What do financial institutions need to do in order to succeed? Understanding the real impact of AI.

The AI revolution in finance seem to keep going without losing steam. Multiple start-ups are launching and those who have already entered the financial fray are getting more exposure.

A PwC report states “FinTech will drive the new business model” as the number one technology force needed to compete in the financial industry in 2020 and beyond. In addition, it also states that “Digital” will need to become mainstream.

Often, what many imply when they talk about digitalisation and FinTech is the power of AI. AI needs to be understood loosely here, and it can sometimes imply machine learning or data analysis, but it is always the power of data science and the information that we can capture from data.

This is not new; many financial institutions have already started their digitalisation journey, as an early 2019 Deloitte study, summarised in the chart below, reports:

Yet, the biggest challenges that organisations face in turning digital and, most of all, in embracing the AI revolution, is about the data.

What we keep hearing from data scientists and data science organisations all over is that data is hard to get, data is siloed, fragmented, dirty. This imply that most of the time and effort is spent in actually making the data usable. A Forbes article states that about 80% of the time is spent on cleaning data and the global online community CustomerThink states that 85% of AI projects fail and 96% run into problems with data quality, data labelling, and building model confidence.

In addition it is more difficult to define success metrics for AI projects than it is for regular engineering projects, and ‘agile’ does not work the same way.

So why do we insist on AI given all the problems?

An October report from West Monroe Partners, for example, found that digital maturity is linked with higher revenue growth, while a recent series of studies by McKinsey & Company revealed that increased digitalisation could boost Mexico’s GDP by as much as 15% by 2025, showing how even large countries, not just financial companies, can benefit. Therefore, despite the drawbacks, investing in digitalisation and AI is strongly associated with higher revenues and reduced costs.
In fact, another McKinsey report states that companies that have adopted AI have seen an uptick in revenue in the business areas where it is used, and for 44 percent of companies AI has reduced costs.

In addition, AI provides data justification for any business objective, can bestow those business objectives with streamlined processes and can create automated monitoring of any environment change that may disrupt those processes.
The above PwC report also states that “‘Customer intelligence’ will be the most important predictor of revenue growth and profitability” and “Advances in robotics and AI will start a wave of ‘re-shoring’ and localisation”. This will improve the labour market and produce more trust in the financial institutions utilising AI. As the same reports goes on to state: “When ATMs were first introduced, many customers refused to use them. Gradually though, after time and training, they came to see that ATMs could offer a better service experience. And trust followed”.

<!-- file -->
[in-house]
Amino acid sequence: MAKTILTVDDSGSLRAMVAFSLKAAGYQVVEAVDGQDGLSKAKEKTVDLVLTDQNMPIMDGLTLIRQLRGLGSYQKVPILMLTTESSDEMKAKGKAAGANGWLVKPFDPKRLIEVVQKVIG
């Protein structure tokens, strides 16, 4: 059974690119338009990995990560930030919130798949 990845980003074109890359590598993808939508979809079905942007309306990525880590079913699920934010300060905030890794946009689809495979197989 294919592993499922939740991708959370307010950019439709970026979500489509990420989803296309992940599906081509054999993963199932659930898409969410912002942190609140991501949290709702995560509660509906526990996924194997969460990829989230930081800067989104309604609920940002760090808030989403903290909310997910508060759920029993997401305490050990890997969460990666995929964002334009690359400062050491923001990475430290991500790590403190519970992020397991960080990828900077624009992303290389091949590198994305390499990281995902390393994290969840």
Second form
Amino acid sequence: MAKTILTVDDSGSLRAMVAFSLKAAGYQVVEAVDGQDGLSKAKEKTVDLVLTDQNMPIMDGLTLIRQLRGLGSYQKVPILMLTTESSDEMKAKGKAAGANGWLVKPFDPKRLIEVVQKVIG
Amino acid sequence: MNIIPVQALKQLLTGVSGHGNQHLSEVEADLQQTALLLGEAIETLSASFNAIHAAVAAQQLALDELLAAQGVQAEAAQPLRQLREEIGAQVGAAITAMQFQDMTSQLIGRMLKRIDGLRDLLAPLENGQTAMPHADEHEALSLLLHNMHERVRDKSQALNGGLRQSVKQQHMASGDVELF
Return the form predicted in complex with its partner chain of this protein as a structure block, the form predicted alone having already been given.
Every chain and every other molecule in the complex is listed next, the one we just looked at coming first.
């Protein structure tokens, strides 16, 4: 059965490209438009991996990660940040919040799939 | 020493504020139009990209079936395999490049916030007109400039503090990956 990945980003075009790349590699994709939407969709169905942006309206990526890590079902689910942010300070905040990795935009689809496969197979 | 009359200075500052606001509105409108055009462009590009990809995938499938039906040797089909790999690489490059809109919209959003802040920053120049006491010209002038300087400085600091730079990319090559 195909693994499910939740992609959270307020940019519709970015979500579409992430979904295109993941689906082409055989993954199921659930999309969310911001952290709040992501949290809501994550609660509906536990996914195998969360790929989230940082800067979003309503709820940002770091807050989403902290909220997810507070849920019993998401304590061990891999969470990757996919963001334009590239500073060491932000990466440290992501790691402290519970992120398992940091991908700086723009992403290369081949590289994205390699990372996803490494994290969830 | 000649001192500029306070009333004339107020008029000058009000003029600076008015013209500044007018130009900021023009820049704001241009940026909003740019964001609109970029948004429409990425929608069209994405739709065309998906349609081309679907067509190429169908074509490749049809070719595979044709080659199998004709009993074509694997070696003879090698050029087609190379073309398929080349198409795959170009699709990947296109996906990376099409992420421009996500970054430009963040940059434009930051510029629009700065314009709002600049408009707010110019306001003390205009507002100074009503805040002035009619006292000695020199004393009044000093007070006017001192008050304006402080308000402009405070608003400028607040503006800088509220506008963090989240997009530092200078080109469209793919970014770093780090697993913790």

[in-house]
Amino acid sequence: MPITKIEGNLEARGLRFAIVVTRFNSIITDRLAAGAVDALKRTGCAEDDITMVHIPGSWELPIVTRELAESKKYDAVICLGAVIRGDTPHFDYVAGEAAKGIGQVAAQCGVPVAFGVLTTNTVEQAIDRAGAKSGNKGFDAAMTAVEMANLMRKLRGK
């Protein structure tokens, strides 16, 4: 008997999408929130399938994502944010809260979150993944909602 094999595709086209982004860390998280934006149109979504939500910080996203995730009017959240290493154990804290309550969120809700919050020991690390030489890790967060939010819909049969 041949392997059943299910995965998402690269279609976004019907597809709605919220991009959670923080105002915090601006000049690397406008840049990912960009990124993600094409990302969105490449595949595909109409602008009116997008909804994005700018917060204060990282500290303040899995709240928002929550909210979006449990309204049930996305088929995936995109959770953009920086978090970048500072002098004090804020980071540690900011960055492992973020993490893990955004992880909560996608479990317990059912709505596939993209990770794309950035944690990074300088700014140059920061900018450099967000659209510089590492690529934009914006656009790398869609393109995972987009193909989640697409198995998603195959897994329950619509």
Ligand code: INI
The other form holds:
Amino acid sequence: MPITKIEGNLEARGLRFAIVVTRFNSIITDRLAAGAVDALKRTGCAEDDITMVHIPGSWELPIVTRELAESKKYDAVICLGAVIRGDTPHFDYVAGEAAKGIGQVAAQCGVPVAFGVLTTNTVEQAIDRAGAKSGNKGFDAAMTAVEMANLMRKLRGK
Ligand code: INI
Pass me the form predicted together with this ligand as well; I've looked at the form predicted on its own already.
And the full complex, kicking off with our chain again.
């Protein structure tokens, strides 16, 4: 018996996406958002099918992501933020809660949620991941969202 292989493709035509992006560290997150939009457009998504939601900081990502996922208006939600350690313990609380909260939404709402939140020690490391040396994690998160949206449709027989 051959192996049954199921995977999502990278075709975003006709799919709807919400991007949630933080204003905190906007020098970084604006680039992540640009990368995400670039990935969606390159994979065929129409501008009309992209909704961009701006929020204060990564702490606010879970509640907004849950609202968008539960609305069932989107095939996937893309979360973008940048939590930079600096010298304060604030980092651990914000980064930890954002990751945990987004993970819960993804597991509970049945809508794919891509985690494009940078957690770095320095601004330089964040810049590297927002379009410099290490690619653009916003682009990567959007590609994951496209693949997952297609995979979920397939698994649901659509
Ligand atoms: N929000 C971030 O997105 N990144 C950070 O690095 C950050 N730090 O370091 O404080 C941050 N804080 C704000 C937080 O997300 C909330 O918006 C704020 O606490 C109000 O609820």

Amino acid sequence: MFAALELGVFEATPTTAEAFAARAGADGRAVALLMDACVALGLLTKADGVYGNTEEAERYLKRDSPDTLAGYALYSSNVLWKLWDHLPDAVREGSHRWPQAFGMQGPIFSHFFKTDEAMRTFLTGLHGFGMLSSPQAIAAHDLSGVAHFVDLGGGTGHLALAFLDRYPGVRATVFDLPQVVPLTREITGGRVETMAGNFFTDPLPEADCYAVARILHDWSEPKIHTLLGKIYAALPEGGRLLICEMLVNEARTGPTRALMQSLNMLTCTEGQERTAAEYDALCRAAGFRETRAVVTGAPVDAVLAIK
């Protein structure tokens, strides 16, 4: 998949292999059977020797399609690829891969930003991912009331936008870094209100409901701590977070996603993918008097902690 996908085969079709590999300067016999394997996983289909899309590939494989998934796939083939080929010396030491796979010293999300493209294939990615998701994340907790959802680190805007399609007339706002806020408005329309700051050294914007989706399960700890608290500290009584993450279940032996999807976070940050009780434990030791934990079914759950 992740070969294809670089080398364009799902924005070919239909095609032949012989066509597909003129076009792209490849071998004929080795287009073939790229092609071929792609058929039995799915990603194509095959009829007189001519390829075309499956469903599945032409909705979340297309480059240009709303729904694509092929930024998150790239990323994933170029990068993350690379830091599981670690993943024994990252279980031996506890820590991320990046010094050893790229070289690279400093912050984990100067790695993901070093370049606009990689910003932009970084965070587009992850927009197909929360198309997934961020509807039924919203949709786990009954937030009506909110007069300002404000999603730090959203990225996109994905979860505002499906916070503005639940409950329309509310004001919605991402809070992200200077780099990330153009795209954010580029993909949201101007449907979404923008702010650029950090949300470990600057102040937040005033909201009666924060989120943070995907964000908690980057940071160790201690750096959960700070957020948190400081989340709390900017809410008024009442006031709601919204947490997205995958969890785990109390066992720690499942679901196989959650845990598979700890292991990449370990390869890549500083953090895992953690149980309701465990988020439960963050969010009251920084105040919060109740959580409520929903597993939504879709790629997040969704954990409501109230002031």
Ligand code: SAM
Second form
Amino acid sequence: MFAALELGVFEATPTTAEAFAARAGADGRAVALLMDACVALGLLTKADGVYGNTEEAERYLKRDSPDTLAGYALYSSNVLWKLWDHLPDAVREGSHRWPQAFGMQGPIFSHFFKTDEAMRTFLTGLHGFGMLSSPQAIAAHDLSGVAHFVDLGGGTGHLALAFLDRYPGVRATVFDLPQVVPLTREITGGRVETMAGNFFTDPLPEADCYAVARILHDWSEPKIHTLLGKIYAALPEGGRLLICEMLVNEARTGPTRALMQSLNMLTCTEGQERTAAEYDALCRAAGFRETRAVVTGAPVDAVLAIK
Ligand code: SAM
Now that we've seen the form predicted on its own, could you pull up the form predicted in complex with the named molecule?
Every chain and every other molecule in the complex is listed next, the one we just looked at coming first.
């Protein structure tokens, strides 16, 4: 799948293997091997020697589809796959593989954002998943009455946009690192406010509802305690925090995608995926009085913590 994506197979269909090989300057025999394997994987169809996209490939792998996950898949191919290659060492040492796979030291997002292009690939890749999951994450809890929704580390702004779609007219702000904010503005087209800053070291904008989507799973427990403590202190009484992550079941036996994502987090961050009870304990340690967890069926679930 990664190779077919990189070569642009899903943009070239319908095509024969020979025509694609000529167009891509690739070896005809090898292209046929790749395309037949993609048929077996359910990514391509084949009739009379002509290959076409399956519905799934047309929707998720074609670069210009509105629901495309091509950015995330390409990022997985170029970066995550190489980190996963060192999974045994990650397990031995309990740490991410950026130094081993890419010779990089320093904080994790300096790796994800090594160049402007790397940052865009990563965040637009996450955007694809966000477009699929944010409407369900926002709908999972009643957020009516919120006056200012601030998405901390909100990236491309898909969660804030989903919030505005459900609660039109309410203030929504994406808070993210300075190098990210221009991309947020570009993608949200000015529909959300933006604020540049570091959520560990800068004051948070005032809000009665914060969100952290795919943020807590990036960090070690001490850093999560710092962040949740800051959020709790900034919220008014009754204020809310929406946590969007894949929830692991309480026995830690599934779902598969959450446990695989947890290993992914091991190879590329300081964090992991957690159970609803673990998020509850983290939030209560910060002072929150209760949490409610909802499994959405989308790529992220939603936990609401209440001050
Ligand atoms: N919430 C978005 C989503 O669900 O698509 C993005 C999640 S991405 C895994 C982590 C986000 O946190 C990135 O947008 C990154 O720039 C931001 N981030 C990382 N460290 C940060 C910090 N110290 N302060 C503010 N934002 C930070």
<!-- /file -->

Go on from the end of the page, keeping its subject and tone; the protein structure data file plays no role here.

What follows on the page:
A VisionCritical article clearly defines what we mean by ‘Customer intelligence’ and how a deep understanding of our customers can drive revenues and sales. “In the age of the empowered customer, companies must move beyond traditional market research. Their challenge is to harness intelligence about their customers more quickly and comprehensively. By understanding the empowered customer, a company can make effective and intelligent business decisions”.

It is clear that a deep understanding of customers can only be achieved through AI and big data. As the above VisionCritical article says, “If they’re unhappy with a product or an experience, customers will tell you so, and they will expect a response. Companies that neglect to engage with angry customers risk a public relations disaster”.  But customer engagement is also more and more being managed through AI, whether it is through a chatbot or a mobile app. Two years ago Gartner predicted that 25% of customer service operations will use virtual customer assistants by the end of this year and by 2022 two thirds of all customer experience projects will make use of IT.

What this trend implies is that while the customer becomes central, the customer experience, as well as the customer service associated with it, will become more and more AI based rather than human-based. The face of the company, and of the financial institution, will not be the physical bank and the tellers in it anymore, rather it will be the mobile app and the AI-based experience driving it.

Moving from the financial sector to the insurance industry, if we think about the AI revolution in car insurance, we should understand and expect that the real revolution is not the one currently underway, which is about calculating better premiums or rates, but rather it is the revolution that will arrive with autonomous driving. Autonomous driving will completely change the way the car insurance industry will need to operate, since it will not be insuring the person anymore, but it will have to insure the car manufacturer or the company that created the AI behind the autonomous driving. Cars, not humans, will be insured. AI and not people will be insured.

Financial companies, as well as other major customer-facing companies, will be presented with the same dilemma and face the same fate; their customers will be, in a sense, their insurer. As such, customers will not be evaluating a financial company based on the people who work there or its assets, but rather they will judge them based on the AI that will be driving their customer experience.

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